Vertical PLM Medley

Vertical PLM Medley

I read an article “PLM’s Vertical Challenge” in High Tech Views. The High Tech article is presenting advantages of industry-oriented PLM implementations. Read it and make your impression. I specially liked the following part:

“We needed something that had an apparel maker’s focus in mind. Otherwise we’d be spending too much time trying to tailor something else,” says Rich Zielinski, Under Armour’s vice president of technical services. “The more tailoring you do, the more a system doesn’t work.”  Companies in many industries are learning that lesson. Having lived through lengthy, expensive, and often fruitless enterprise software rollouts, especially in the areas of ERP and CRM, manufacturers are now reluctant to bankroll the deployment of generic PLM systems in need of major modifications for handling industry-specific requirements and company-specific business processes. They understand that, as the PLM market matures, much of the heavy lifting associated with mapping out critical business processes and industry requirements — for example, in the areas of regulatory compliance or quality management — has already been done by the vendors and early adopters in sectors such as automotive and aerospace and defense.

The problem is very interesting, in my view. Companies are suffering from long time implementation cycles. The alternatives need to found. In the early beginning of PLM-era, CAD/PLM companies were selling toolboxes with a significant portion of services and implementation consultancy. However, 1-2 years implementation cycles, significant budgets and unsatisfied customers made vendors to think about possible alternatives.

PLM Industry Solutions
The idea of industry solutions (or how companies are calling it – industry verticals) isn’t new. If you will take a look on the PLM portfolios all major PLM (and not only) vendors, you can see a standard portion of industry doggy food. The industry solutions reminded me storytelling. In the beginning, industry sales or industry professionals are proving that they can speak to a customer in the “industry language”. Then it turns to the software? The very typical option is to have a pre-configured software package including full pack of documents and presentation explaining how to use it inside of the company. You can see below a top-view on such industry-oriented packages.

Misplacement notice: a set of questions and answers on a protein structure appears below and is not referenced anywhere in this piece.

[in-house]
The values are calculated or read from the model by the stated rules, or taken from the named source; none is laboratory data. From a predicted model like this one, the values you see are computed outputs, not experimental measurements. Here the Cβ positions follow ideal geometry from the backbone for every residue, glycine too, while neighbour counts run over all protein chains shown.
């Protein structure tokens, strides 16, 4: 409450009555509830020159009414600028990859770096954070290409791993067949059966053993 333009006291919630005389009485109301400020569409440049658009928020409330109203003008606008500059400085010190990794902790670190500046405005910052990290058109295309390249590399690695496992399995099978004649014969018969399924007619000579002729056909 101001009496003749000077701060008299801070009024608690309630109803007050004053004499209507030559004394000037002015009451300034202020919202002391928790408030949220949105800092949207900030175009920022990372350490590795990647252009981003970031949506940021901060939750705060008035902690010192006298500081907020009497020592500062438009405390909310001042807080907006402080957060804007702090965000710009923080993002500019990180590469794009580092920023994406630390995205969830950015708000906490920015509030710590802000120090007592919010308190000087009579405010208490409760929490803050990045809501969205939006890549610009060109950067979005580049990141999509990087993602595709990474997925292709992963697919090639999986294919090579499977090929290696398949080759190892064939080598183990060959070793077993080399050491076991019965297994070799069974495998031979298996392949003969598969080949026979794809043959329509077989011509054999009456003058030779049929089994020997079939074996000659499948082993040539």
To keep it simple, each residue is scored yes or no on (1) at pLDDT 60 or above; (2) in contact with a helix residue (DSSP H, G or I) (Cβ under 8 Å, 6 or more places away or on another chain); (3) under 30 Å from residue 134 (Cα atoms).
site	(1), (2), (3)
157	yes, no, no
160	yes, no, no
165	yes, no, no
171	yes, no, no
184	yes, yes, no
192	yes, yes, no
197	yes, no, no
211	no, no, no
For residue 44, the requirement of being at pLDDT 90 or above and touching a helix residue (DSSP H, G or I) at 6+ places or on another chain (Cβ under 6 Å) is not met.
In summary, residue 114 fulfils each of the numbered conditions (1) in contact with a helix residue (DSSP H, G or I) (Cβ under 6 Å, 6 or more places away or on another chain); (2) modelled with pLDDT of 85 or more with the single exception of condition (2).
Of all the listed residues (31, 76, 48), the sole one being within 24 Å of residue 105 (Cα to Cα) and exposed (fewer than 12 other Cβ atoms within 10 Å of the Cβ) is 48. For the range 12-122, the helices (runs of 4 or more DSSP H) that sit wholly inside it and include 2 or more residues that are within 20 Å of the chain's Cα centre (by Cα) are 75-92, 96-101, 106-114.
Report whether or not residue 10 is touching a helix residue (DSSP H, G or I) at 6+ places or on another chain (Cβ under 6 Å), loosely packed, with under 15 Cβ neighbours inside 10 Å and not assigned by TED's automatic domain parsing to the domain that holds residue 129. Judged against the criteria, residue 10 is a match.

Vertical Solution Problems

What is the biggest advantage of Industry Solutions? In my view, pre-packaged functionality. What is the biggest disadvantage? In my view, the same. Engineers have a tendency to work slightly different. Organizations may have their own way to run a development that doesn’t fit 100% to pre-packaged functionality provided by vendors. So, the biggest danger is that customer will need to customize the industry solution to fit organizational needs.

Granularity and Risk Management

How to manage risks in implementing vertical PLM solutions? One of the possible ways is to increase the granularity of the solution you are going to buy and implement. To have small pieces that can stitch together can prevent you from grandiose plans to implement all in a single shot.

What is my conclusion? The best association that comes to my mind when I think about vertical PLM solutions is CD-medley. Do you remember that? You can buy Bach-medley, Mozart-medley, Rock-n-Roll-medley… You can buy a double-CD-medley for a bargain price. It was 15-20 years ago… What can be better? Now we know – iTunes. More granular approach can win over the time. Just my thoughts…

Best, Oleg


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  • Rcgranros